The compact market in the Unites States is heating up. Vehicles like the Mini, the Mazda3, and even the VW Jetta have proven that you don’t need to sacrifice quality and entertainment if you buy an (relatively) affordable and small car. They’re also proving to carmakers that if done right, quality compacts can bring in affluent young buyers that have yet to develop their loyalties and can be easily “brought into the fold,” so to speak. The sooner they drink the Kool-Aid, the better.
|Courtesy: Toyota Motor Sales, USA, Inc.|
It is with this goal that Toyota created the Scion division. Over the last half-decade or so, Toyota has watched as their brand image became more connected with an older generation and often bypassed by younger buyers on their way to Honda and VW dealerships. Afraid of seeing their buyers age and die off, Toyota created the Scion brand under the idea that it was too late to sway the youths into accepting the Toyota logo on their new cars. Ideally, these buyers would eventually “grow into” a Toyota-brand model (and then a Lexus) after getting to trust the Toyota Motor Company’s products under the Scion brand. Of course, Scion would have to bring the right products to attract young buyers or all is for naught. Just ask Honda, as their youth-aimed Element is bringing in loads of 40-somethings.
The first two products, introduced during Scion’s rollout on the West Coast, have proven pretty successful at getting young buyers into the showrooms. Yet, the xA and xB are both essentially small wagons and wagons still have limited appeal in America. As Scion goes on-sale nationwide, another product is being launched to broaden their portfolio. That vehicle is the sleek tC coupe/hatch. The look is much less polarizing than the boxy xB and Euro-compact xA, both of which were designed for the Japanese market. The tC, however, was designed to be a Scion specifically for American tastes. It’s pretty clear this car’s direct target is the Acura RSX, a vehicle still fairly popular with younger buyers.
Inside and out, the tC looks more expensive than its price tag suggests. The smooth body has shades of the Infiniti G35 coupe in it while the front is a slight mix of Skyline GT-R and BMW 7-series. The interior is simply styled with three gauges arranged in a pod style while the instrument panel stands out with its metallic-silver highlights. Overall, it’s pretty clear that this Scion is designed for people who at least want to feel like they paid for a $30,000 luxury car even though they actually spent a little over half that. Not a bad deal at all.
|Courtesy: Toyota Motor Sales, USA, Inc.|
Mechanically, the tC is definitely a Toyota parts-bin vehicle. The platform is from the Euro-market Toyota Avensis (competes with the VW Passat, Ford Mondeo, Nissan Primera, etc), with independent McPherson struts up front and independent double wishbones out back. Seventeen-inch wheels are standard, though 18s and 19s are available from TRD/Racing Hart. The 2.4L 2AZ-FE aluminum-alloy 4-cylinder engine is from the US-market Camry, with 160hp@5700 rpm and 163ft-lbs@4000 rpm. It’s mated to a standard 5-speed manual. Like the RSX, the tC is front wheel drive. Handling targets were said to have been the VW Jetta with sport package.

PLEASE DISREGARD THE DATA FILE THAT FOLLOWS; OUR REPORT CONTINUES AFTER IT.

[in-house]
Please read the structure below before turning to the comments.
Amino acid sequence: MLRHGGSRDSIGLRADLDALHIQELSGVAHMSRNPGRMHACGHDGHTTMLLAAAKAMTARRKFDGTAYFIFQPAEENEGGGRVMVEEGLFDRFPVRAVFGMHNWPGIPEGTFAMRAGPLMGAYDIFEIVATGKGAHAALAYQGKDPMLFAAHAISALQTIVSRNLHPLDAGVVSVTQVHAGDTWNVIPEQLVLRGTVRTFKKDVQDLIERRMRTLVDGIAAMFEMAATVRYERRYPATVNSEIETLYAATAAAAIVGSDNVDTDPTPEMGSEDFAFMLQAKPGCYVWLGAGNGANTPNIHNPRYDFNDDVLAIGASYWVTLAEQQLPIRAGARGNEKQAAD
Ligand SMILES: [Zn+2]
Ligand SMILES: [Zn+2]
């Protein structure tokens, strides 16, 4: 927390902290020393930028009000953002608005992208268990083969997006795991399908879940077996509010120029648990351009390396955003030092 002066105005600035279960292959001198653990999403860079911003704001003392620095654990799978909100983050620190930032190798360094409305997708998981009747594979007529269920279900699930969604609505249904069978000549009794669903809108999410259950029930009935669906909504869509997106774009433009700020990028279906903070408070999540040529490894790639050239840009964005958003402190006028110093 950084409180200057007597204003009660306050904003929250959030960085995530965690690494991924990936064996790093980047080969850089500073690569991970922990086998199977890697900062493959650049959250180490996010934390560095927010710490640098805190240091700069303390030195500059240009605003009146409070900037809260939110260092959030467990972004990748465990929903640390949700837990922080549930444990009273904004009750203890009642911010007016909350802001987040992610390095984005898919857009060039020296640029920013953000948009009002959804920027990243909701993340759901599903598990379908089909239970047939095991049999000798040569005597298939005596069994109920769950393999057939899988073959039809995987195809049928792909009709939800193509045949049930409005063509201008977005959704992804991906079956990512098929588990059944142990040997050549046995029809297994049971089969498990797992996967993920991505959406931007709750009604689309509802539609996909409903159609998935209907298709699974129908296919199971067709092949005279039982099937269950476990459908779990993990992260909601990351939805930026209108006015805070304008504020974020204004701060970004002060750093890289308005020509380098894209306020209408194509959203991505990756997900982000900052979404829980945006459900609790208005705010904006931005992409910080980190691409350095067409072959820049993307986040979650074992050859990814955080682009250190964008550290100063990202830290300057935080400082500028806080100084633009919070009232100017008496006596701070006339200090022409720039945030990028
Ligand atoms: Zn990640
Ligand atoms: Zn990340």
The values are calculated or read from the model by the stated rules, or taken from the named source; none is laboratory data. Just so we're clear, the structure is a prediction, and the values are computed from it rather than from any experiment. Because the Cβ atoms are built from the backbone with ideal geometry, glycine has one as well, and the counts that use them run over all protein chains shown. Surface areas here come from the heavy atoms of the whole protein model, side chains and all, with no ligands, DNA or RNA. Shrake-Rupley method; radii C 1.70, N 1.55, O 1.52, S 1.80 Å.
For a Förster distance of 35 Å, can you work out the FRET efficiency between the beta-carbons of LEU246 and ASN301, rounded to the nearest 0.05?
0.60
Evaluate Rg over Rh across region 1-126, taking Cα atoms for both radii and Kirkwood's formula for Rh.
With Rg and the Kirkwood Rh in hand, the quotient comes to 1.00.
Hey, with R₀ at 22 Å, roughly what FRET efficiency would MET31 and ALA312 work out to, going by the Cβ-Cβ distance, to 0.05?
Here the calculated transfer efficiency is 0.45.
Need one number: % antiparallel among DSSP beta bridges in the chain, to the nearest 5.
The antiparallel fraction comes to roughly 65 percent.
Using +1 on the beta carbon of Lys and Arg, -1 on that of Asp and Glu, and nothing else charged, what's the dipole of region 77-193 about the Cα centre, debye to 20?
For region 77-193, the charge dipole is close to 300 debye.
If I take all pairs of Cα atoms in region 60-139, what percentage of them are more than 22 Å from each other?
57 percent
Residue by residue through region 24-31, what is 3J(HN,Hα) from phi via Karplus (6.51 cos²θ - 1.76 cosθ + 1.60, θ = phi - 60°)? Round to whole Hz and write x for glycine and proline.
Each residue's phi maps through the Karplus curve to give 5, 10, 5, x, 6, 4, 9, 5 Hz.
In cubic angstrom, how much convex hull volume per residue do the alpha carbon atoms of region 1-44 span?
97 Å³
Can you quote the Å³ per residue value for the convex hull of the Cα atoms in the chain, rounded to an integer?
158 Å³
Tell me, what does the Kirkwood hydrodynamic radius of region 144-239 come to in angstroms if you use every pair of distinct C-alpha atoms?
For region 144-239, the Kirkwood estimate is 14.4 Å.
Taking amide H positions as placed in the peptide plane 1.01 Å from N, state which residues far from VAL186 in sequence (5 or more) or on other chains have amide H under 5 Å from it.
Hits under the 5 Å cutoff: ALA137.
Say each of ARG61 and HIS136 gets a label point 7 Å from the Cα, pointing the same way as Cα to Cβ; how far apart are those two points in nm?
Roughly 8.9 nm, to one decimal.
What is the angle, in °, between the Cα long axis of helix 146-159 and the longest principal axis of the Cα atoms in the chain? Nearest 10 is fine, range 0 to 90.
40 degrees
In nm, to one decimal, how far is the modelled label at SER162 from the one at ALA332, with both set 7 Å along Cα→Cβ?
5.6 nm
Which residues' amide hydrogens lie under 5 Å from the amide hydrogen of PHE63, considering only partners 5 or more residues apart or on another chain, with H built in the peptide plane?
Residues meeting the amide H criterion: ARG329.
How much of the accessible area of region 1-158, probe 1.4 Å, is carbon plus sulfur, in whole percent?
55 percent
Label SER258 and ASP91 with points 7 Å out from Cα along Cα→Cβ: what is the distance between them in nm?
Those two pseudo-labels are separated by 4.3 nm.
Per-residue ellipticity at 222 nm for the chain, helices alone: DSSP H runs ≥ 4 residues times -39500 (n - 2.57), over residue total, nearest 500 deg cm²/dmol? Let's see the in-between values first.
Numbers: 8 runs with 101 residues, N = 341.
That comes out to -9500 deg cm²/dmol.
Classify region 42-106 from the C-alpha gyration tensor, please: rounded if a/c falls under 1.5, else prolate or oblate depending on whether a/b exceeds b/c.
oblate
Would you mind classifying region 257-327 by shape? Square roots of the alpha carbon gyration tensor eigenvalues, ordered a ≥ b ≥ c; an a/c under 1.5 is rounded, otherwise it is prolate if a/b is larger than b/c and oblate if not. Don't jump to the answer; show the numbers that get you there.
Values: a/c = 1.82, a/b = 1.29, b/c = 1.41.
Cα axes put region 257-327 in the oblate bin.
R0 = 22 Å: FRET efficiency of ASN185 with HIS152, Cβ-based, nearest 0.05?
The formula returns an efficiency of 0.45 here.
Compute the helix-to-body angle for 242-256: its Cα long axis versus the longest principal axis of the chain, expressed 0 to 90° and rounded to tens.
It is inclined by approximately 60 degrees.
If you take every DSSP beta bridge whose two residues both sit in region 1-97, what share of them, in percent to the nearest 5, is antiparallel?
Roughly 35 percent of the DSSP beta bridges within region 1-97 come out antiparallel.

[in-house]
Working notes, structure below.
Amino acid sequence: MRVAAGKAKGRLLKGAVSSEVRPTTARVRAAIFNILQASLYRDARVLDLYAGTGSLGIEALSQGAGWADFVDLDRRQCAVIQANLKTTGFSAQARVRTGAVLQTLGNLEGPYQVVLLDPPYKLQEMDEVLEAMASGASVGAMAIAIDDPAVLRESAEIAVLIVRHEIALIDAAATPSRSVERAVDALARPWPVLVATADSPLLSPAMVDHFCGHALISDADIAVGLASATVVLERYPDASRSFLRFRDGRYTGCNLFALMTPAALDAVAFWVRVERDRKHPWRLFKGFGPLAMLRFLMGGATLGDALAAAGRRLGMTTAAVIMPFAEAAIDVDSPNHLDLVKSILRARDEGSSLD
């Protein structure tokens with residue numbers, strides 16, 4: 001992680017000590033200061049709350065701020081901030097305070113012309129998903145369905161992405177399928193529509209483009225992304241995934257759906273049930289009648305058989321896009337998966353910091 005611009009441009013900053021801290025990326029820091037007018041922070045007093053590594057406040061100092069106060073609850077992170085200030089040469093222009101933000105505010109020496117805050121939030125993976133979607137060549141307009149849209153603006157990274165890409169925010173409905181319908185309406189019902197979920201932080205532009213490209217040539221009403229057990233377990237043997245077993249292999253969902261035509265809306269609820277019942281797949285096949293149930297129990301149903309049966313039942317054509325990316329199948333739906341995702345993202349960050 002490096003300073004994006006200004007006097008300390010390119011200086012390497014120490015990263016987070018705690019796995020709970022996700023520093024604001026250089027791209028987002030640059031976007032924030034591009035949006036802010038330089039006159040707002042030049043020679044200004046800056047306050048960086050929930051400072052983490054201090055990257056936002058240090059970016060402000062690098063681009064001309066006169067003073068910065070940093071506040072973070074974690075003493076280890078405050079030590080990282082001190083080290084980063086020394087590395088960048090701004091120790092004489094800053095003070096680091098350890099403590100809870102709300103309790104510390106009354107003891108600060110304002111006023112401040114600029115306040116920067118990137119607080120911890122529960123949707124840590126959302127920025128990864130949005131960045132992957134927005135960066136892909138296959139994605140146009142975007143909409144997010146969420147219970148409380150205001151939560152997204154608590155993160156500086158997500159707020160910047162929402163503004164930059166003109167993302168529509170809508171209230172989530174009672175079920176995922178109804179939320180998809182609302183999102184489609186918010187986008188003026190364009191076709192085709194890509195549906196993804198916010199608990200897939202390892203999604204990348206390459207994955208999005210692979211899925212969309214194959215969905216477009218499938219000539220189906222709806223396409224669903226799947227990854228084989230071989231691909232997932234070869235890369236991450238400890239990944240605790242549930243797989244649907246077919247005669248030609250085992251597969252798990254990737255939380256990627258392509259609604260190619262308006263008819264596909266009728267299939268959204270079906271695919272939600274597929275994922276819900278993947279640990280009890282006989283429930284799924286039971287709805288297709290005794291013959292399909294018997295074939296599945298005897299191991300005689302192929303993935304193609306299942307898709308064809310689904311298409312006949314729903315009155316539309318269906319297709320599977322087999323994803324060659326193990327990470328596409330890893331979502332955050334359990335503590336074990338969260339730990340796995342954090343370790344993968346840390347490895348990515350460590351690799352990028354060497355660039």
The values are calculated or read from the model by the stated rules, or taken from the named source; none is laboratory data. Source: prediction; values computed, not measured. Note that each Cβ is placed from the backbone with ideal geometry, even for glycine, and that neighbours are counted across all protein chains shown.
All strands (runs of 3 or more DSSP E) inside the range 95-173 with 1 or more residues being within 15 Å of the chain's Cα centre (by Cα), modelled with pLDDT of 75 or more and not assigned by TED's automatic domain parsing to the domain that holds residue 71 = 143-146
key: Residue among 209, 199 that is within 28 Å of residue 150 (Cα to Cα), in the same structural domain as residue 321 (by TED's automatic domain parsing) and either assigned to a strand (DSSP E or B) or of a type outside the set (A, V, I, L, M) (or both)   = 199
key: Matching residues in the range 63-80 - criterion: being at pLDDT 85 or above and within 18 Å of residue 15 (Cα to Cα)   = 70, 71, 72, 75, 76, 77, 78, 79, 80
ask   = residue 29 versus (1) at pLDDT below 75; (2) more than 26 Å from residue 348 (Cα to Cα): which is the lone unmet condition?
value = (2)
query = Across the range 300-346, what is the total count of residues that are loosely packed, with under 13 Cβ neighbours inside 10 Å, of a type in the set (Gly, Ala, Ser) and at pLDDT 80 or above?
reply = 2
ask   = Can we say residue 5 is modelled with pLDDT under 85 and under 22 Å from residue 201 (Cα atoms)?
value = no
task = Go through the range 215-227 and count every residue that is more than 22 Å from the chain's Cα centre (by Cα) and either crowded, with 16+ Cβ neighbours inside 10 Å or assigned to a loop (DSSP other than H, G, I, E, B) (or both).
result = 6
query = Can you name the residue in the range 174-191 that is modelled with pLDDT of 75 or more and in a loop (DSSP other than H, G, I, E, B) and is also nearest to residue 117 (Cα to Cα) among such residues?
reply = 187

Besides the larger wheels, TRD will offer enthusiasts a whole set of factory-backed parts to tune the tC. They will offer a lowering kit, struts/shocks kid, performance clutch, short-throw shifter, sport muffler, and a rear anti-sway bar, among other things. But the most drool-worthy piece is a supercharger kit that raises horsepower to around 200.
Other than the TRD toys and stuff like LED lights for the footwells, the tC comes with just about everything standard. That includes the aforementioned seventeen-inch wheels, a panoramic moonroof, XM-ready 160 watt Pioneer 6-disc audio system, driver’s knee airbags, 4-wheel discs with ABS and electronic brakeforce distribution, cruise control, keyless entry, air conditioning, and power windows and door locks. A 4-speed auto is a $800 option, and side airbags cost $650.
Certainly, this tC and the other new compacts like it prove that cheap doesn’t have to mean, well... cheap. You can have compact and have quality, too. It will be interesting to see where this segment goes in the next few years. Scion’s success (or failure) will also be one of the stories to watch. As the vice president of Scion, Jim Farley stated, “Scion is a laboratory, a work in progress.” No company has created a car brand dedicated solely to taking the money of young buyers. If Scion succeeds, expect to see some in the auto industry become even more youth-oriented. If it fails, well, it’ll be a rare black mark in the history of Toyota. Either way, we’ll have to wait and see.